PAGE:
"Linguistic Variation as Social Practice" is a study of the speech of the adolescent population of a midwestern high school, relating individuals' subtle patterns of pronunciation and grammar to participation in the peer social order. Based on two years of sociolinguistic and ethnographic fieldwork in one school, supplemented by shorter periods of fieldwork in three other schools, the study focuses on the polarized social categories, the "jocks" and the "burnouts," that dominate social organization in all of these schools. This book describes the social categories, networks, and practices that constitute the local adolescent social order, relates these to wider patterns in the urban-suburban area, and ultimately to wider societal patterns. "Linguistic Variation as Social Practice" is an ideal text for advanced students of sociolinguistics and anthropological linguistics.
Publisher: John Wiley and Sons Ltd
Number of pages: 260
Weight: 550 g
Dimensions: 241 x 167 x 20 mm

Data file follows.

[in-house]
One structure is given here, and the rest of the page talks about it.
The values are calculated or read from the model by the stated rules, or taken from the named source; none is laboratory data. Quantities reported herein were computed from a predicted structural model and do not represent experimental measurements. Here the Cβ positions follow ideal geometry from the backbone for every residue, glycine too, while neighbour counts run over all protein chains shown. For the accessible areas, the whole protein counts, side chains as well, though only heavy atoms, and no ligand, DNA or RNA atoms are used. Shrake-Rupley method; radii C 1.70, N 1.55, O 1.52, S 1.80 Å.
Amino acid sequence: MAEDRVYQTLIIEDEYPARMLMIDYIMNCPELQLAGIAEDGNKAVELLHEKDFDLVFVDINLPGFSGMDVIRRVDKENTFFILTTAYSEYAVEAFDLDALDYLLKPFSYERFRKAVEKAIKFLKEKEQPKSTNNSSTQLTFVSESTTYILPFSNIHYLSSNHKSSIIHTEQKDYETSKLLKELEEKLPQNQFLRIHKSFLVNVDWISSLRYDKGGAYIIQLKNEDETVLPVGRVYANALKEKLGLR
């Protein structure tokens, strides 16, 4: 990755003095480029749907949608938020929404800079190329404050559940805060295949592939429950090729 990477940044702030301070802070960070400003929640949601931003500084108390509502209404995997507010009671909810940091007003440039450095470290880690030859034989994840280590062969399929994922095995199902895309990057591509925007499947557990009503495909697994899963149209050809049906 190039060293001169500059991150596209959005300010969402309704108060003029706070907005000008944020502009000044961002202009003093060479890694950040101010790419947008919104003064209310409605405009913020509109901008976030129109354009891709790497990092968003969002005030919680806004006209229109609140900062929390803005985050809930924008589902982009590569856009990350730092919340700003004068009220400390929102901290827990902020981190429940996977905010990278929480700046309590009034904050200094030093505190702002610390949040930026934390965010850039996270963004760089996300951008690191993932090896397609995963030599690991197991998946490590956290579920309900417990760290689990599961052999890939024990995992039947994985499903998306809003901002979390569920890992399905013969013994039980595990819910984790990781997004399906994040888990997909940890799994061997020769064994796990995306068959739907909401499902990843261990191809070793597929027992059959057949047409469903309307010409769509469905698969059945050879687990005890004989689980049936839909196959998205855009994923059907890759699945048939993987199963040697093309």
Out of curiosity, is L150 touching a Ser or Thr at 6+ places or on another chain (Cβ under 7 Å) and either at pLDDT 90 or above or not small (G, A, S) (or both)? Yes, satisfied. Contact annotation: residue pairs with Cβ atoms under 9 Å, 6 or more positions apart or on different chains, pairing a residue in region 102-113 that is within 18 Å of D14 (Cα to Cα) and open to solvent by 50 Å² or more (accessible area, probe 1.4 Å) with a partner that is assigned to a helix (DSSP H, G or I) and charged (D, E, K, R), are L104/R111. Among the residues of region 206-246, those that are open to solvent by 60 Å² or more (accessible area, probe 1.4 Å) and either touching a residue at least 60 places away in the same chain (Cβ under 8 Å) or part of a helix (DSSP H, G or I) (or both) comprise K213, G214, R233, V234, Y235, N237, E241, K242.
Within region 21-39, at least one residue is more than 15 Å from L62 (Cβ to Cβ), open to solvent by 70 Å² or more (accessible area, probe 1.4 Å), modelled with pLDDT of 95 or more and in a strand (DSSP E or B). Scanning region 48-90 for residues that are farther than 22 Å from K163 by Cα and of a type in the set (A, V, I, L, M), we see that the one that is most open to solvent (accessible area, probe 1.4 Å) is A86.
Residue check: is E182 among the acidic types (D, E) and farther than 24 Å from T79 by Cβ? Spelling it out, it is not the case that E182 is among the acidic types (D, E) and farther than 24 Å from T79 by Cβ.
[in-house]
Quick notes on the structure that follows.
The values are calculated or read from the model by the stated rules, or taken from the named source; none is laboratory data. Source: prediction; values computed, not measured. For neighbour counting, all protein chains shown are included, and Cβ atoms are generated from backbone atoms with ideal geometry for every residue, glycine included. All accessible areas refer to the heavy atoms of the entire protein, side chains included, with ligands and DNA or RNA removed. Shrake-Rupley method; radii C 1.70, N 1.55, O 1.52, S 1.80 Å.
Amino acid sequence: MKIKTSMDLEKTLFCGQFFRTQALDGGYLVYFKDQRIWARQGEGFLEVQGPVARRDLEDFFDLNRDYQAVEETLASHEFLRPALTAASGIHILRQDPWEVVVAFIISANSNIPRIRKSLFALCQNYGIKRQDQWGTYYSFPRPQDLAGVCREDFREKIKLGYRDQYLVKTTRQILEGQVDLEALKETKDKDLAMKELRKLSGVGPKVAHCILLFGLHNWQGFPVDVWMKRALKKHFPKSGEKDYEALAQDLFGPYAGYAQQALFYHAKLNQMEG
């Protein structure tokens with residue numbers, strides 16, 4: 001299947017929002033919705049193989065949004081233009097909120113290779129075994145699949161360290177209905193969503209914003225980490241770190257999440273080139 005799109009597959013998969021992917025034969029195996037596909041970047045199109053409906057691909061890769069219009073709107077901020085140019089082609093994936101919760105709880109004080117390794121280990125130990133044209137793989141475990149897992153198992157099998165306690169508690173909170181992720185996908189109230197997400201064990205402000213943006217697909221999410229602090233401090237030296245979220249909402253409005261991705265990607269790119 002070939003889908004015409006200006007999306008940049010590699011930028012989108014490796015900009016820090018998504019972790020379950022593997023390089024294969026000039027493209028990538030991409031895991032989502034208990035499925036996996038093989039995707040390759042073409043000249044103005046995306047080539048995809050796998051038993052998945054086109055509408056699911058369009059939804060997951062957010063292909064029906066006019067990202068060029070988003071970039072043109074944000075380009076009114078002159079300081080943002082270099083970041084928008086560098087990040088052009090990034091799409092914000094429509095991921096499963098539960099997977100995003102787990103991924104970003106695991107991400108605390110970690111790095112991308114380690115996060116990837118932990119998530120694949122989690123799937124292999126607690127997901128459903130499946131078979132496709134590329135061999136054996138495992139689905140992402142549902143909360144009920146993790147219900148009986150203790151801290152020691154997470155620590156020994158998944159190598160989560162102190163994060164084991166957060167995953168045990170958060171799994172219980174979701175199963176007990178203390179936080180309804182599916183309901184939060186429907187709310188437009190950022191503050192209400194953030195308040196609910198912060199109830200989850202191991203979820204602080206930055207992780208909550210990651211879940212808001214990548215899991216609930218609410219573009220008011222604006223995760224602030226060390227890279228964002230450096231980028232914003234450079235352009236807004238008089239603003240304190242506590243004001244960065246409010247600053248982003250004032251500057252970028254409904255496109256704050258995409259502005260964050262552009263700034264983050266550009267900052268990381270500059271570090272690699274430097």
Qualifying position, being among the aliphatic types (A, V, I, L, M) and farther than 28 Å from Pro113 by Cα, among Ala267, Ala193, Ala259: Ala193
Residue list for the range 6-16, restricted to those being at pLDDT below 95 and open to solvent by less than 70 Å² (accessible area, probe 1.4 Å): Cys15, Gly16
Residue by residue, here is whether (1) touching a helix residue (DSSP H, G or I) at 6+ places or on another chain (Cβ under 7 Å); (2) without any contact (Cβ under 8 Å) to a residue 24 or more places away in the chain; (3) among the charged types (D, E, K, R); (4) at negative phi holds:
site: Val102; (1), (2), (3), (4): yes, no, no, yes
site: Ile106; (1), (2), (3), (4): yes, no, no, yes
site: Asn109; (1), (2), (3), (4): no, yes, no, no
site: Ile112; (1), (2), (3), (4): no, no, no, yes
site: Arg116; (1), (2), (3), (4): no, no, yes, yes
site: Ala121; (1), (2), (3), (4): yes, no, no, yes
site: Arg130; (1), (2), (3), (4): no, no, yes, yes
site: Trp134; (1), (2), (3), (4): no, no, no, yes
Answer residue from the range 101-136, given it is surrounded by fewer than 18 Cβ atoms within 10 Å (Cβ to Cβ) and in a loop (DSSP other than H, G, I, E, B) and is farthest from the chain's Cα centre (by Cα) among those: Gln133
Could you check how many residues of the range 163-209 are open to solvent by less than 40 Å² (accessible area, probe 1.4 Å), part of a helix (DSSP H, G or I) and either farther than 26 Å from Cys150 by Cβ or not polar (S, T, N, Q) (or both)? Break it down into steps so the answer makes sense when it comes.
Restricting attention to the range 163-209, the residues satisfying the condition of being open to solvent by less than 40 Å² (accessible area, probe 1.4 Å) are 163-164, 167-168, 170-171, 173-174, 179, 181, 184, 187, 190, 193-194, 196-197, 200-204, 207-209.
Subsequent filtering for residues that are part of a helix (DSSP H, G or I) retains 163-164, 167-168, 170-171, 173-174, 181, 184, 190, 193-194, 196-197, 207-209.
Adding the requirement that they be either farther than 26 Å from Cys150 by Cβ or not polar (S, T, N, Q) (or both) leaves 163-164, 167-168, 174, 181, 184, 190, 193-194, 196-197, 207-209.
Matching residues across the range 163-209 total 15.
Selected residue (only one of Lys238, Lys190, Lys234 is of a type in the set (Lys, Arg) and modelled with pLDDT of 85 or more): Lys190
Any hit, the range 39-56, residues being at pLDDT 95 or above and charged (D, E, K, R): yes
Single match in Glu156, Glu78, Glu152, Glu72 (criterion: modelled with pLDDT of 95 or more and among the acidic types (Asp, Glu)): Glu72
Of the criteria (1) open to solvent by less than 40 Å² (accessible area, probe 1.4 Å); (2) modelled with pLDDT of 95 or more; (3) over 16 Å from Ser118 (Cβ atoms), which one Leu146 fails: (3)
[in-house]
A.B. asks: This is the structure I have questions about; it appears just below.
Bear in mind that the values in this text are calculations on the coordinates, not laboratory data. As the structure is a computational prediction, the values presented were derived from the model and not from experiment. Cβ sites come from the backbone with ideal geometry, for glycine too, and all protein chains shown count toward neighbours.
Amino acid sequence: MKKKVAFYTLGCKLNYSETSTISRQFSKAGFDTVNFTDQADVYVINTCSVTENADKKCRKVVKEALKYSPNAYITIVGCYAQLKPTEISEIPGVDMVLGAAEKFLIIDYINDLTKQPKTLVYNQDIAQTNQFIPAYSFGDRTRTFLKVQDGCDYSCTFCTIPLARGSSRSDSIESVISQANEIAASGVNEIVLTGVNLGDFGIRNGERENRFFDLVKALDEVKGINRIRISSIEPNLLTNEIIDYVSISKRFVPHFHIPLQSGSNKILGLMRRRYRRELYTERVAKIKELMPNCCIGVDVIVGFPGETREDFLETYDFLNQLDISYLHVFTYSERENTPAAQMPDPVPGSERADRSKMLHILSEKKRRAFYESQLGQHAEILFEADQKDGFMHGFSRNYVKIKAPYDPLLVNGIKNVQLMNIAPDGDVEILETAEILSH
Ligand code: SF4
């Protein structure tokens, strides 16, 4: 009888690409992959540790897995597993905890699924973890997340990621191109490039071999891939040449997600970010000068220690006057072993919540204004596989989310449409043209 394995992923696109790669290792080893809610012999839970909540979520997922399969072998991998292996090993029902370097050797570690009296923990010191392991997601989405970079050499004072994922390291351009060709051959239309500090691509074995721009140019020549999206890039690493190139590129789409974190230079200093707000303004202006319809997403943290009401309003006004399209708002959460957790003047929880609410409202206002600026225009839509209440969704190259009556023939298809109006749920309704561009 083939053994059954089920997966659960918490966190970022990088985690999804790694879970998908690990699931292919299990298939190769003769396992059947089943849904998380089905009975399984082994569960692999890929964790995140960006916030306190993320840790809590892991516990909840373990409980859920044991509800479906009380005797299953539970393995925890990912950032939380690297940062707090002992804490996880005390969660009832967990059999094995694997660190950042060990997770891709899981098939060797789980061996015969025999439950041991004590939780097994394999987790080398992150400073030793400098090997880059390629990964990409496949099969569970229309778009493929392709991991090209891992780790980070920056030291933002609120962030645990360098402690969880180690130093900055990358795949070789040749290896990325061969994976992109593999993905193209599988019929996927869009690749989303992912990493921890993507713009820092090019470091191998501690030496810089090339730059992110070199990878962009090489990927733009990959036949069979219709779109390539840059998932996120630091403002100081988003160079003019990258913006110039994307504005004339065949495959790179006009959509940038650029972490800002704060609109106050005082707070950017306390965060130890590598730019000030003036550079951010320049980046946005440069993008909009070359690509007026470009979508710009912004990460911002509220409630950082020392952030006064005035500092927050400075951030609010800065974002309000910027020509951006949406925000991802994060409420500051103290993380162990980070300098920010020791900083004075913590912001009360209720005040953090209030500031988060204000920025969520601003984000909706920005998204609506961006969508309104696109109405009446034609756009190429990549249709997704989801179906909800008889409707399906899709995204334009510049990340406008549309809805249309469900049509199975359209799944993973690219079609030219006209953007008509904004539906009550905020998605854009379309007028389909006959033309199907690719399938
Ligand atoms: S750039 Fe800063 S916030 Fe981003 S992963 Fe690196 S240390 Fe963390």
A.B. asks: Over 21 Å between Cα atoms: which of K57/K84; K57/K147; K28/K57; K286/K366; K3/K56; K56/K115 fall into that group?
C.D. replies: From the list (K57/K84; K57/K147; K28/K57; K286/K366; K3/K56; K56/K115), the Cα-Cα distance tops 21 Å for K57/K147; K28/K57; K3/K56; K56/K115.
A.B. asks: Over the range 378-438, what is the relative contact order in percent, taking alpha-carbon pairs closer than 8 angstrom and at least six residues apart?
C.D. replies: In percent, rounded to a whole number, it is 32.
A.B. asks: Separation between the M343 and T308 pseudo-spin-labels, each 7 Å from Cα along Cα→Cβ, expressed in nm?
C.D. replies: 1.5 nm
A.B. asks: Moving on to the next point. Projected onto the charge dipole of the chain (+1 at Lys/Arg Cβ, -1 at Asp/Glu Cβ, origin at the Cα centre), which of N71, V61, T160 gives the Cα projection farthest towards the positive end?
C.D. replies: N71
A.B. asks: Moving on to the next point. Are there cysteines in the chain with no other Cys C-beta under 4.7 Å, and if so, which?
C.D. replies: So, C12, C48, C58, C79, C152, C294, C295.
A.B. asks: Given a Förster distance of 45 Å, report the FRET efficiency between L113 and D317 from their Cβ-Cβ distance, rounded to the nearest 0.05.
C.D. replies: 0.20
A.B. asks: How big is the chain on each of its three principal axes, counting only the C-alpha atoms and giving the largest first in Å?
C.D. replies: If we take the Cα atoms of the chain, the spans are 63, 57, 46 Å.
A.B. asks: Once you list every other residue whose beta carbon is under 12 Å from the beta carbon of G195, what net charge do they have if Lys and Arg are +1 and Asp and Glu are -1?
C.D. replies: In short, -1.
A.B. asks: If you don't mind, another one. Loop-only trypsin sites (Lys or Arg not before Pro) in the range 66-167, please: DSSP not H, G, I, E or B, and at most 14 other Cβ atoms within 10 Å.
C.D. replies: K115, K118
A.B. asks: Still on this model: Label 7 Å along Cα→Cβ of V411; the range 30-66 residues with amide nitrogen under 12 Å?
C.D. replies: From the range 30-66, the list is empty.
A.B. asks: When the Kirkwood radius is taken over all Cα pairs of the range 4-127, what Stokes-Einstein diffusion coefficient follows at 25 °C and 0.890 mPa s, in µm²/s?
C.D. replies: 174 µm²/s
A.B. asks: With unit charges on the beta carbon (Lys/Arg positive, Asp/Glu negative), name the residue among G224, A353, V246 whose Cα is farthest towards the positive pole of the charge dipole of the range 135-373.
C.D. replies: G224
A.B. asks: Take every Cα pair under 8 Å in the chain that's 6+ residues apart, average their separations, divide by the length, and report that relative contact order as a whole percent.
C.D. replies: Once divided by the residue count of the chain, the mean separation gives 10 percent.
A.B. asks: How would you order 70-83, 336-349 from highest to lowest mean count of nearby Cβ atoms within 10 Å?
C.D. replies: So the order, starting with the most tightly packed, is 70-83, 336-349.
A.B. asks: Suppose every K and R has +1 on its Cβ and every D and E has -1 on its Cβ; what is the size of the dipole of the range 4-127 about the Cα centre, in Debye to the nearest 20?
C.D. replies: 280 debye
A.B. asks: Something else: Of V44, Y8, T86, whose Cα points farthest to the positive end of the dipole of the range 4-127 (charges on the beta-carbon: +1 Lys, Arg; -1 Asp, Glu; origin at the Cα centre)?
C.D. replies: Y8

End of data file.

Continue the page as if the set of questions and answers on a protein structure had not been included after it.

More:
"This long-awaited volume demonstrates that Eckert is the sociolinguist. No other student of language and society comes close to Eckert in providing social explanations for linguistic behavior and no other study has probed so deeply the social motivation of sound change. Eckert's unique combination of ethnographic practice and sophisticated quantitative analyses will be the target to emulate for many decades to come." Bill Labov, University of Pennsylvania "Penelope Eckert's work provides a fine ethnographic account of the social organization and social practices of a varied set of Detroit adolescents. At the same time, she builds in a much-needed critique of current sociolinguistic work on the relationship between language variation and social constructs such as class and gender. The work as a whole is an excellent and readable synthesis, representing the current state of the art in sociolinguistics." Lesley Milroy, University of Michigan "Nobody combines the insights of ethnographic study and variation analysis more creatively than Eckert. She invariably connects systematic language variation with the complexities of social practice in a way that challenges our reified interpretations of sociolinguistic behavior." Walt Wolfram, North Carolina State University "Eckert has provided us with an array of priceless information on the local social matrix in which change takes place. If we are not ready to answer every question that might be posed about linguistic change, the first step is to master the rich store of information and insight that she has given us, and to plan our future research with this in mind." Language in Society